The Australian High Commission is pleased to announce its support for the Mage Kindergarten and Sulagwalu Water Projects through the Direct Aid Program (DAP).

The Mage Kindergarten means small children from the Mage village in the Langa Langa area who are unable to complete the long walk to Auki Primary School are able to commence their education. Australia provided SBD 30 000 for the construction of the kindergarten.

The Sulagwalu Water Project has provided clean drinking water to a community of 300 people in North Malaita. Australia provided SBD 30 000 for the construction of the water supply.

Australian Deputy High Commissioner, Ms Alison Duncan and Second Secretary, Hannah Churton, visited the projects during a recent trip to Malaita.

Ms Duncan said Australia was pleased to be able to assist community groups and organisations from all over Solomon Islands to enhance skills, improve living standards and build community confidence through the Direct Aid Program. "Every one of these projects, in its own small way, helps Solomon Islands as a whole to become a more peaceful, self-confident and prosperous nation", she said.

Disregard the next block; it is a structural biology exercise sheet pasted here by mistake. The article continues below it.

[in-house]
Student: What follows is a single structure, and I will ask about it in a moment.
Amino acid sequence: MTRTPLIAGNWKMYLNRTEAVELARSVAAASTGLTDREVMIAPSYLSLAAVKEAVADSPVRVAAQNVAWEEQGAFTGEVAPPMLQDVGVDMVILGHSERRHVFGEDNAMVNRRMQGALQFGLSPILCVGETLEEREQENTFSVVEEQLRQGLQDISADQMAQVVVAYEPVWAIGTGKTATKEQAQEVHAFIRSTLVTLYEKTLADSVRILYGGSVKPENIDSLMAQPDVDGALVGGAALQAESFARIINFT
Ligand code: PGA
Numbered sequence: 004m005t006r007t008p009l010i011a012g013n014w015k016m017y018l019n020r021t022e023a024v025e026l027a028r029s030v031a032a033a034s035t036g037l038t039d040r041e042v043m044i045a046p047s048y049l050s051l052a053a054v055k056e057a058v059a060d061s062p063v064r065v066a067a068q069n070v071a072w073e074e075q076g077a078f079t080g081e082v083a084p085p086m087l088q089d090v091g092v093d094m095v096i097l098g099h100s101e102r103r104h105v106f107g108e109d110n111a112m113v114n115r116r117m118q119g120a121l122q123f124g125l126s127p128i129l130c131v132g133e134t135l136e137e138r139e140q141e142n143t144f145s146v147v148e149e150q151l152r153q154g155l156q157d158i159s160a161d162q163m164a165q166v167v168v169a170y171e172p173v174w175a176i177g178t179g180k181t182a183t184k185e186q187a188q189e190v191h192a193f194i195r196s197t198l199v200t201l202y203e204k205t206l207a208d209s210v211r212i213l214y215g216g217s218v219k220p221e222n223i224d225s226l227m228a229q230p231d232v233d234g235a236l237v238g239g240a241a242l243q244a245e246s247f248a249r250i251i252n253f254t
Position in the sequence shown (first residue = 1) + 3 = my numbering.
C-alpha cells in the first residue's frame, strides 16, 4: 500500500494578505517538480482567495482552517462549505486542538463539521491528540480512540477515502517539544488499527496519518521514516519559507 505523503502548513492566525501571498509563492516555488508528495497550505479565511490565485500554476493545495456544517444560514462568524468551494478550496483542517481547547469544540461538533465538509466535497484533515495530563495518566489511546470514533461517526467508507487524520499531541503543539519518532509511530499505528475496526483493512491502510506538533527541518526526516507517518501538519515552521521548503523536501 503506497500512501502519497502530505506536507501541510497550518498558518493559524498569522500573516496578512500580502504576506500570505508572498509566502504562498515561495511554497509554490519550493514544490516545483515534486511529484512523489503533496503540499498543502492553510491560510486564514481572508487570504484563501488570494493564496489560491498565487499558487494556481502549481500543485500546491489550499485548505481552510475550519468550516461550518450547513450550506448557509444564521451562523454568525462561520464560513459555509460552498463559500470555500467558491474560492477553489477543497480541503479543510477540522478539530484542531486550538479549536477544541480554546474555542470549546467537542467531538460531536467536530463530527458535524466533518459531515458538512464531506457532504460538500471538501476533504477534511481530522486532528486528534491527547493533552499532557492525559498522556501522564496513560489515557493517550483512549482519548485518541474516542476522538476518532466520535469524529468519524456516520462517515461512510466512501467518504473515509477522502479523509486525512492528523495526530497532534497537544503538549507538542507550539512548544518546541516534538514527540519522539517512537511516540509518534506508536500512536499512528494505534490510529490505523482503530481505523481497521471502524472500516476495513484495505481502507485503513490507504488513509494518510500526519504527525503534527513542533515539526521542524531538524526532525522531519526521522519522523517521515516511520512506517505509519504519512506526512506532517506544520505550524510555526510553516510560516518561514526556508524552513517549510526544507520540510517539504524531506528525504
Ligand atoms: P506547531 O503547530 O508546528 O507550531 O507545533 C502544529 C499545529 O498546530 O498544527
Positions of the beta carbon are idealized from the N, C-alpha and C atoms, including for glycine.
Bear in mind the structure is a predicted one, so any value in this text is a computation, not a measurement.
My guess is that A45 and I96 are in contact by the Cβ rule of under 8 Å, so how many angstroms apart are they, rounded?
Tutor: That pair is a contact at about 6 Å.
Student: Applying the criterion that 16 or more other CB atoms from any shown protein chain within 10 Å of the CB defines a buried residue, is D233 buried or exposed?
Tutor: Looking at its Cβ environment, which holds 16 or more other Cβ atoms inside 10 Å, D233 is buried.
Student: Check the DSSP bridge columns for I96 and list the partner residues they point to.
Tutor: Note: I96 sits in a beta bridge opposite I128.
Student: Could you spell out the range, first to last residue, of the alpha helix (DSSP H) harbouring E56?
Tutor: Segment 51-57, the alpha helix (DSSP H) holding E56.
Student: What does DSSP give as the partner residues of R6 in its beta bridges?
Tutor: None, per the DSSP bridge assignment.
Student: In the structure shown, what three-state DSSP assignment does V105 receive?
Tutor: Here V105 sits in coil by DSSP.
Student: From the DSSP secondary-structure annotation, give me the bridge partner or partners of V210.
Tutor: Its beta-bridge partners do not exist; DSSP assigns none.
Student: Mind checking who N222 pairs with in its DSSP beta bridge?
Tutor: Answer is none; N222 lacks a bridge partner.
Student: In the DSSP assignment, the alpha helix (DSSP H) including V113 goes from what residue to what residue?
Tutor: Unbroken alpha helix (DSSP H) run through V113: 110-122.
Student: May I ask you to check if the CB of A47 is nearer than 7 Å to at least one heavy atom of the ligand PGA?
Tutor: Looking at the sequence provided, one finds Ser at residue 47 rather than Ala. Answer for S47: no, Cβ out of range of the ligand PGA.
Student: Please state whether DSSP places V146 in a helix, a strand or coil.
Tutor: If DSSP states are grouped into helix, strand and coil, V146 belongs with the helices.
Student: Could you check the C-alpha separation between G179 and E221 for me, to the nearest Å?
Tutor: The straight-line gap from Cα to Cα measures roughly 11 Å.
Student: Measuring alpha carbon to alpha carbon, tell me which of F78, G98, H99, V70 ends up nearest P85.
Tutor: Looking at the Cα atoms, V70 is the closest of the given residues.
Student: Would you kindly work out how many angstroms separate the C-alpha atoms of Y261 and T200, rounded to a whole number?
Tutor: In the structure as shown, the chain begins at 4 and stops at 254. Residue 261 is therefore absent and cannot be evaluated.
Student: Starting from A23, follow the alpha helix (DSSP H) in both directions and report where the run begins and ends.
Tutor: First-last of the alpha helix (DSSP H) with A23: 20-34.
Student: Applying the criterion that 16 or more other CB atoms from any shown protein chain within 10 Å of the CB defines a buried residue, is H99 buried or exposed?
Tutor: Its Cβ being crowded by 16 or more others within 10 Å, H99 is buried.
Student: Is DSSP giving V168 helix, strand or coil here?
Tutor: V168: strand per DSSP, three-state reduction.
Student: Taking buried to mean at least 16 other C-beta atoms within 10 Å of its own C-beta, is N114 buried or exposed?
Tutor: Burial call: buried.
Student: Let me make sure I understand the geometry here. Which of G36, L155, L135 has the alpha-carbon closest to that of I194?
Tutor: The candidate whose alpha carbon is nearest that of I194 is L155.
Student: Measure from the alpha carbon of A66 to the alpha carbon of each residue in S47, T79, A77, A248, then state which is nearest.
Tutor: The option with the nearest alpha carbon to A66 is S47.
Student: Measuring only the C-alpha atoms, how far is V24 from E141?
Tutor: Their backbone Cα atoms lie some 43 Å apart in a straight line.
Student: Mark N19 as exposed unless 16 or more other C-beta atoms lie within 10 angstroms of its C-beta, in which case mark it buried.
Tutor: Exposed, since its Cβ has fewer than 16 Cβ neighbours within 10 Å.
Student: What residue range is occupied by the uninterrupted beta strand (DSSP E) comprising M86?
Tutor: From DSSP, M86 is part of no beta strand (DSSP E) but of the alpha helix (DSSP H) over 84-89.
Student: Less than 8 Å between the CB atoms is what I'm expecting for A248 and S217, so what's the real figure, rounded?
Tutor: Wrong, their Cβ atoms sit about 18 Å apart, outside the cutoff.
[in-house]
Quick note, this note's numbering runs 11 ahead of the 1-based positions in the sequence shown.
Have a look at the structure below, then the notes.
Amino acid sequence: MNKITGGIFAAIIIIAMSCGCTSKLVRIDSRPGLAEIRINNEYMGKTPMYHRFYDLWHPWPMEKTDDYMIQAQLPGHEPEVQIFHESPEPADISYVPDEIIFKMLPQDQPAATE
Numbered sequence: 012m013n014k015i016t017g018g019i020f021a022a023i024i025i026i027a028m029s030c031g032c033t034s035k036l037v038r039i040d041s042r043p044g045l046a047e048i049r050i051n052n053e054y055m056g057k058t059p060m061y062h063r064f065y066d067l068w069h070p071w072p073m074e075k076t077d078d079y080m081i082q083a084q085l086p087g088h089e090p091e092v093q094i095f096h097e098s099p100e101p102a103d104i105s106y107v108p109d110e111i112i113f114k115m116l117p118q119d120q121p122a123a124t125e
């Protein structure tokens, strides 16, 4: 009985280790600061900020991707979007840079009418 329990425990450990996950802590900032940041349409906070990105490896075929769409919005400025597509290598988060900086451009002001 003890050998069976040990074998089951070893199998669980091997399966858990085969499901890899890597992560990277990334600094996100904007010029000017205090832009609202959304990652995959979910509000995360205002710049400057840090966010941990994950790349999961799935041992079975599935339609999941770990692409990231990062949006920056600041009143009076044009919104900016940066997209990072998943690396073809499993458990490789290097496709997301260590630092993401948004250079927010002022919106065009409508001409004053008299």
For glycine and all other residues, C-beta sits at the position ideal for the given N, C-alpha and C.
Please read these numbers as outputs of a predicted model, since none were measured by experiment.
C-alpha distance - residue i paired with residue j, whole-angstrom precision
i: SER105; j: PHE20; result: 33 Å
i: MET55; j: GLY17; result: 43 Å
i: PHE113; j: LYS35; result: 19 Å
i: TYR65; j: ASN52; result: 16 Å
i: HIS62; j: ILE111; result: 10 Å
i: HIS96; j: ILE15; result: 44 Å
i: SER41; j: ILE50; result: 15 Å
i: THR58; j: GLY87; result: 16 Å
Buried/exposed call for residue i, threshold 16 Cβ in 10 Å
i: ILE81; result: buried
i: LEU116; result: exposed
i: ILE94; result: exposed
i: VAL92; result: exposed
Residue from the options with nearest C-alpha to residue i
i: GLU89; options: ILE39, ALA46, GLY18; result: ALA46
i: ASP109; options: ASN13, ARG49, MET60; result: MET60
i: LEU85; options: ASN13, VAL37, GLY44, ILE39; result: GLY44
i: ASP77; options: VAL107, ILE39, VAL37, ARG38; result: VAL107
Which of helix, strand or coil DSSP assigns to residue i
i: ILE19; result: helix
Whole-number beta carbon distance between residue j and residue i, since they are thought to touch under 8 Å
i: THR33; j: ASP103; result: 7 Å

On visiting the Mage kindergarten, Ms Churton was impressed by the initiative of the community in establishing the school and saw first-hand the dedication of the community volunteers working with limited resources seeking to equip children to meet the challenges of the future.

At the Sulagwalu water supply, Ms Duncan saw how the community had used local innovation to construct the water supply, which had taken a number of years to complete. Before the project, women in the village had to walk long distances to access clean water.

The Direct Aid Program (DAP) is a small grants program designed to help community groups improve their living standards. DAP will provide SBD 500 000 for 30 community projects across Solomon Islands this year. The High Commission welcomes DAP applications from communities that need a helping hand to achieve their goals.